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Giro d'Italia: it's become survival training

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Vincenzo Nibali (Astana) marks Cadel Evans (BMC)

Vincenzo Nibali (Astana) marks Cadel Evans (BMC) (Image credit: Sirotti)
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The peloton climb through the snow on stage 15

The peloton climb through the snow on stage 15 (Image credit: Sirotti)
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The peloton climb through the snow on stage 15

The peloton climb through the snow on stage 15 (Image credit: Sirotti)
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Michele Scarponi (Lampre - Merida) and Vincenzo Nibali (Astana)

Michele Scarponi (Lampre - Merida) and Vincenzo Nibali (Astana) (Image credit: Bettini Photo)

I had hoped to write something witty and maybe slightly amusing for this blog but given the terrible conditions I couldn't. It seemed disrespectful to what has been happening weather wise and how the race has evolved as a result.

This Giro d' Italia is not really bike racing any more, it's become survival training. When it ought to be about who has the physical ability to still race after a fortnight, on the road the cold and the rain have turned proceedings into a bit of a farce. And I can't imagine anyone connected to the race is finding it funny or remotely enjoyable.

Three, four or five hours of being dowsed in cold water might be half expected in Flanders for something like Het Volk but in a Grand Tour, day after day, stage after stage, it's just brutal.

I'm not surprised Bradley Wiggins and Ryder Hesjedal went home and they might well be the lucky ones after this is over. The Sky rider looked ill at the finish of the stage Cherasco and last year's champion just seemed worn out after his promising start.

They'll both be disappointed at the moment but some things just don't work out as you would like. They won't be missing the frozen feet and hands once they've watched a few freezing cold stages from the safety of their sofas and seen the consequences etched into the guys faces.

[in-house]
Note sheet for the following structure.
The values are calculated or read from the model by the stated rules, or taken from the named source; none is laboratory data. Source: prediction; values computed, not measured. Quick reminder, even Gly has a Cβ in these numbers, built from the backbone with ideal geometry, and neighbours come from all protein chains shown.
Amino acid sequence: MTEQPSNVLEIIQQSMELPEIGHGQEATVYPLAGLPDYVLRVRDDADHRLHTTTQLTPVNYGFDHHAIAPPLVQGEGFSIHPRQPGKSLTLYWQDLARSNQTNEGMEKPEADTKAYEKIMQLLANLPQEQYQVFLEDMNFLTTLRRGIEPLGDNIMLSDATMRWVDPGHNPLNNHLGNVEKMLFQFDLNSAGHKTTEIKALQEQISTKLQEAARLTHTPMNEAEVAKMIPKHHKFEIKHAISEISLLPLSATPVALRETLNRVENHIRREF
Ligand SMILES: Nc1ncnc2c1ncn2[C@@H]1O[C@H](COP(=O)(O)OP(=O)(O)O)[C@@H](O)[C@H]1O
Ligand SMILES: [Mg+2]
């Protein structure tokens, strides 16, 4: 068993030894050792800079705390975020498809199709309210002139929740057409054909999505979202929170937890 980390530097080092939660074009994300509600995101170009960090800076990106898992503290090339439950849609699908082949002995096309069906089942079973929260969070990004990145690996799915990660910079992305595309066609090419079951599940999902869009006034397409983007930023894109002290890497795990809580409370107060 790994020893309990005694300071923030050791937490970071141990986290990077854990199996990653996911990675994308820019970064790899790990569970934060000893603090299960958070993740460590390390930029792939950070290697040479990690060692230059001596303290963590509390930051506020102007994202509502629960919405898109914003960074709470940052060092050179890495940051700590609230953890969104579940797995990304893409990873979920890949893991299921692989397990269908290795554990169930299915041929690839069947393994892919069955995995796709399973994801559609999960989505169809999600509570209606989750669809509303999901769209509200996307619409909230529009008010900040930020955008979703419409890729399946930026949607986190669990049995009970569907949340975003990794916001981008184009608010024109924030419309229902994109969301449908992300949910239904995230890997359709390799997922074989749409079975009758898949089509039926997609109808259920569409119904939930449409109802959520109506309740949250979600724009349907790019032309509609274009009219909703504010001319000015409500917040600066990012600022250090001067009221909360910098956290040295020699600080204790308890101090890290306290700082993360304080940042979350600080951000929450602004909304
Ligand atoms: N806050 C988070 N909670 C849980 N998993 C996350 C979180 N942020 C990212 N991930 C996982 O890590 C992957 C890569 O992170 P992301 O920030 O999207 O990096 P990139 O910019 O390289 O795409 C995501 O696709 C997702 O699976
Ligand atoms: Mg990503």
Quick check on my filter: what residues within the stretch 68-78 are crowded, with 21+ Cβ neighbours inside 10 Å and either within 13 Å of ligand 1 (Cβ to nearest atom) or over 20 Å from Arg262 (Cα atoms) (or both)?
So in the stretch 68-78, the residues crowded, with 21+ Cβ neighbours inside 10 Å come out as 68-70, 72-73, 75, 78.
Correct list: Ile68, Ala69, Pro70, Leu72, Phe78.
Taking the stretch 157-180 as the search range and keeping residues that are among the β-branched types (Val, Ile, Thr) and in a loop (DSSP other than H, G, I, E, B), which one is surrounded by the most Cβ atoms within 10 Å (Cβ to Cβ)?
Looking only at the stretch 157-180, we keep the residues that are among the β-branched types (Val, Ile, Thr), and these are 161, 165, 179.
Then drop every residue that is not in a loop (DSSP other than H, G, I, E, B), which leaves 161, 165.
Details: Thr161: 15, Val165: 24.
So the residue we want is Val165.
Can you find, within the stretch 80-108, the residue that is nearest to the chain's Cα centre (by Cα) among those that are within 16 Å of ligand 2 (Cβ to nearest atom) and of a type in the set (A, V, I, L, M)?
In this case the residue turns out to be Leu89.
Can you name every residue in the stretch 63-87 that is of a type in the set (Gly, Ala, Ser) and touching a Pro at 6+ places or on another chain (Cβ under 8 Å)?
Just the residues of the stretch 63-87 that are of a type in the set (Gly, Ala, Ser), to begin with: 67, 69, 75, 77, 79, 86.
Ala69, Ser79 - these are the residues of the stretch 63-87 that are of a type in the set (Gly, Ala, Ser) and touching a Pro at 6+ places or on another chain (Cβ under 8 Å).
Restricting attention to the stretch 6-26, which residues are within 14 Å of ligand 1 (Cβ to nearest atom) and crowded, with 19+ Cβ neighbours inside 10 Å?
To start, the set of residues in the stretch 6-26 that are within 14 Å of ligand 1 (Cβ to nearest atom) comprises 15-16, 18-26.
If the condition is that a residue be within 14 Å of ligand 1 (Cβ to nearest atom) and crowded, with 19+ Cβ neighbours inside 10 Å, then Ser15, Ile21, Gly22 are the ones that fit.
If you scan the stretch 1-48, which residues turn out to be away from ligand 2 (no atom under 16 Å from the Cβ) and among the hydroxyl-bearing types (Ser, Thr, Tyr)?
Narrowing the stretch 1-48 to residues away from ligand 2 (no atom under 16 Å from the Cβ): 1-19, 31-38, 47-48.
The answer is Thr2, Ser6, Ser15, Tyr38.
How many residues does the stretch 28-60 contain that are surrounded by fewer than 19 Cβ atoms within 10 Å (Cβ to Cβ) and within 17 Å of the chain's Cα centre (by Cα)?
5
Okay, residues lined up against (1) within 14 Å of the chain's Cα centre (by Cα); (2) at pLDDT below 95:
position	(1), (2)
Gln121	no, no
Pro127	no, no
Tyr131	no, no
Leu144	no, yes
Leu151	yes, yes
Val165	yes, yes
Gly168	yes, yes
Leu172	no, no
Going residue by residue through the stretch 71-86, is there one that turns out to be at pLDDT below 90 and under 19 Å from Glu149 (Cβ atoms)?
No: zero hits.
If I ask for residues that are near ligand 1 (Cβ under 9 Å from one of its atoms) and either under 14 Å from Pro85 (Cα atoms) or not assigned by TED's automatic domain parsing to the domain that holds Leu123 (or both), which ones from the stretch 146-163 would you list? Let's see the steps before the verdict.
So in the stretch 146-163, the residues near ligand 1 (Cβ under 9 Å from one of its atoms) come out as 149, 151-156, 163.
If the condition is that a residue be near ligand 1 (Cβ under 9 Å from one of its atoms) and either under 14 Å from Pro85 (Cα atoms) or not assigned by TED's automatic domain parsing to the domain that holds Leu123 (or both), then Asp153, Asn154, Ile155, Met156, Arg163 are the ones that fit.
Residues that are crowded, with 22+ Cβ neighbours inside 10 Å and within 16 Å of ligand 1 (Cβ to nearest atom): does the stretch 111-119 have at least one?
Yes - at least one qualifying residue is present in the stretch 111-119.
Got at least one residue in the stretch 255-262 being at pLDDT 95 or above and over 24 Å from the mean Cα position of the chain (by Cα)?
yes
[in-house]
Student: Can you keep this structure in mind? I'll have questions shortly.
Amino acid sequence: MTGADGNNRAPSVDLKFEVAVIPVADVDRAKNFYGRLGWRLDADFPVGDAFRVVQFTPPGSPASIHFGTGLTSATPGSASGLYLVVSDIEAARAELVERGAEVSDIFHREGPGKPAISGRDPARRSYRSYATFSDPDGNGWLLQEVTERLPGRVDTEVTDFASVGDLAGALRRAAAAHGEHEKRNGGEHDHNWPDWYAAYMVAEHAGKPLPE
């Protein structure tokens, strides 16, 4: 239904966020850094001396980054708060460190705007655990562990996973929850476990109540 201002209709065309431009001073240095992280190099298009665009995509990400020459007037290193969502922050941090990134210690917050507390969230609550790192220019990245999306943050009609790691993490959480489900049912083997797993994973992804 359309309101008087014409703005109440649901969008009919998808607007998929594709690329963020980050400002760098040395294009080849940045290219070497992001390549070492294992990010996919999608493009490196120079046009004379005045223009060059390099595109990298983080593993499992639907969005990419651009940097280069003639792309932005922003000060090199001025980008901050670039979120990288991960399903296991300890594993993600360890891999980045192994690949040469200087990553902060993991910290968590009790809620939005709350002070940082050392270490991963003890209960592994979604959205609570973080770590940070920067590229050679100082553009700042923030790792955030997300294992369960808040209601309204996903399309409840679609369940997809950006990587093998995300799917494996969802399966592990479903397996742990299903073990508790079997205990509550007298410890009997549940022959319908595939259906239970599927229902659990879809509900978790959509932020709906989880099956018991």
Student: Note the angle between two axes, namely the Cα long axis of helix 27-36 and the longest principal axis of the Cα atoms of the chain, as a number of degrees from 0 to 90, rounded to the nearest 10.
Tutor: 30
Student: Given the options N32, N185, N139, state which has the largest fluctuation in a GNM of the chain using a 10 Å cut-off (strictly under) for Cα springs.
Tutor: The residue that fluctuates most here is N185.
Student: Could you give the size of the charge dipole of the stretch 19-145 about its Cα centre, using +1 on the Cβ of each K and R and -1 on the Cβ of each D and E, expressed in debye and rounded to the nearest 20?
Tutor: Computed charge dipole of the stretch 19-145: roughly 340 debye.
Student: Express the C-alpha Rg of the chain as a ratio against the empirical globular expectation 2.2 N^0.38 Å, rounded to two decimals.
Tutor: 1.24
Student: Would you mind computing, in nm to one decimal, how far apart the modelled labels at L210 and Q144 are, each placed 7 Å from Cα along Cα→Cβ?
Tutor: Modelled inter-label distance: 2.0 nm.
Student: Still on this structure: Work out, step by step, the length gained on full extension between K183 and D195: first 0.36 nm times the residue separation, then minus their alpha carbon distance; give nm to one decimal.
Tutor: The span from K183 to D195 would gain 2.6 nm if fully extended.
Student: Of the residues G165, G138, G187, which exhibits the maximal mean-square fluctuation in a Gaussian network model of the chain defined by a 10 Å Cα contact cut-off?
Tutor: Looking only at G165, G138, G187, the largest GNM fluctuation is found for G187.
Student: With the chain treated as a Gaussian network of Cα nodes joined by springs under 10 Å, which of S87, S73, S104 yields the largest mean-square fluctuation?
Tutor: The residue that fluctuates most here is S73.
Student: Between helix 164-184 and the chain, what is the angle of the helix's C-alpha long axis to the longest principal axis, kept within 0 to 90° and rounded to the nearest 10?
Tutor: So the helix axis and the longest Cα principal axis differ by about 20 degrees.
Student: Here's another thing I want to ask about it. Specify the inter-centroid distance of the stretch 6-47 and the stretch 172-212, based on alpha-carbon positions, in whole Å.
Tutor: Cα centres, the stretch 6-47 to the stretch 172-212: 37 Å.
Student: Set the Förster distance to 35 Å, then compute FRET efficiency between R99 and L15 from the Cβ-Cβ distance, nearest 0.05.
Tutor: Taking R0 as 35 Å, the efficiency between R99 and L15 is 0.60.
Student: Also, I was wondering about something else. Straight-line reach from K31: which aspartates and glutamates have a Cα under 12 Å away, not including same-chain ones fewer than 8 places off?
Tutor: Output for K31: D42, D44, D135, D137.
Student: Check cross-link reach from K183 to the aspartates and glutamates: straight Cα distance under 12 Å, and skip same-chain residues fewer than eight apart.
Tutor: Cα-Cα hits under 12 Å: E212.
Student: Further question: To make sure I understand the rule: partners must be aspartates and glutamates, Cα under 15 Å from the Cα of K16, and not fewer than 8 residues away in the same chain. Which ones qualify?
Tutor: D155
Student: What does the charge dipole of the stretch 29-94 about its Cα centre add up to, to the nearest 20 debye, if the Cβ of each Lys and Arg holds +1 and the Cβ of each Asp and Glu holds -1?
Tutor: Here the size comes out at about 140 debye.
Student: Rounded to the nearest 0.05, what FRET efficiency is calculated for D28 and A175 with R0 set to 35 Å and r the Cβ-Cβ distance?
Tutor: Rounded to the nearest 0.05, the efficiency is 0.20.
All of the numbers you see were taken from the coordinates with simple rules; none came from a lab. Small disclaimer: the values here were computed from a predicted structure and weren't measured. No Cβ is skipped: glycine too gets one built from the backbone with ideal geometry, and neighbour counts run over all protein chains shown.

I can't imagine many riders will be doing a long ride on the second rest day and if they are ordered out the best thing to do would be to ride for ten minutes, find a nice cafe up a side street and then sit in the warmth until it's time to go back. Even better don't bother with the cycling part borrow a team car.

Mark Cavendish continues to impress me, the win he took on stage 12, the same day Wiggins cracked was earned the hard way, all stage paying attention, always in the right place despite the dreadful conditions and then when you thought he was too far back in the sprint, he takes it up from a long way out and it's game over. Next day same again though Nizzolo got close he wasn't coming past. He really is a tough cookie.
Two days previous to the Cavendish show Ramunas Navardauskas’ win at Vajont saved Garmin's race from being an utter disaster but the ‘get in the break and hope’ tactic is their only option now.

In the big mountains it looks like Nibali will be the one deciding the selection process, I get the feeling that if Evans or Uran can't follow his first acceleration then he'll open up the taps and be gone.

Like at Jafferau when Santambrogio survived and became an ally for the moment, anything similar to that on the next summit finishes and we could see something spectacular.


Robert Millar was one of the last pure climbers of the Tour de France, winning several stages in the mountain stages and finishing fourth overall in 1984. He is also the only English speaker to have ever won the prestigious polka-dot jersey climber's competition jersey.

Millar retired in 1995 but has continued to follow the sport closely. He was often critical of the media and quickly cuts through the excuses and spin to understand why and how riders win and lose.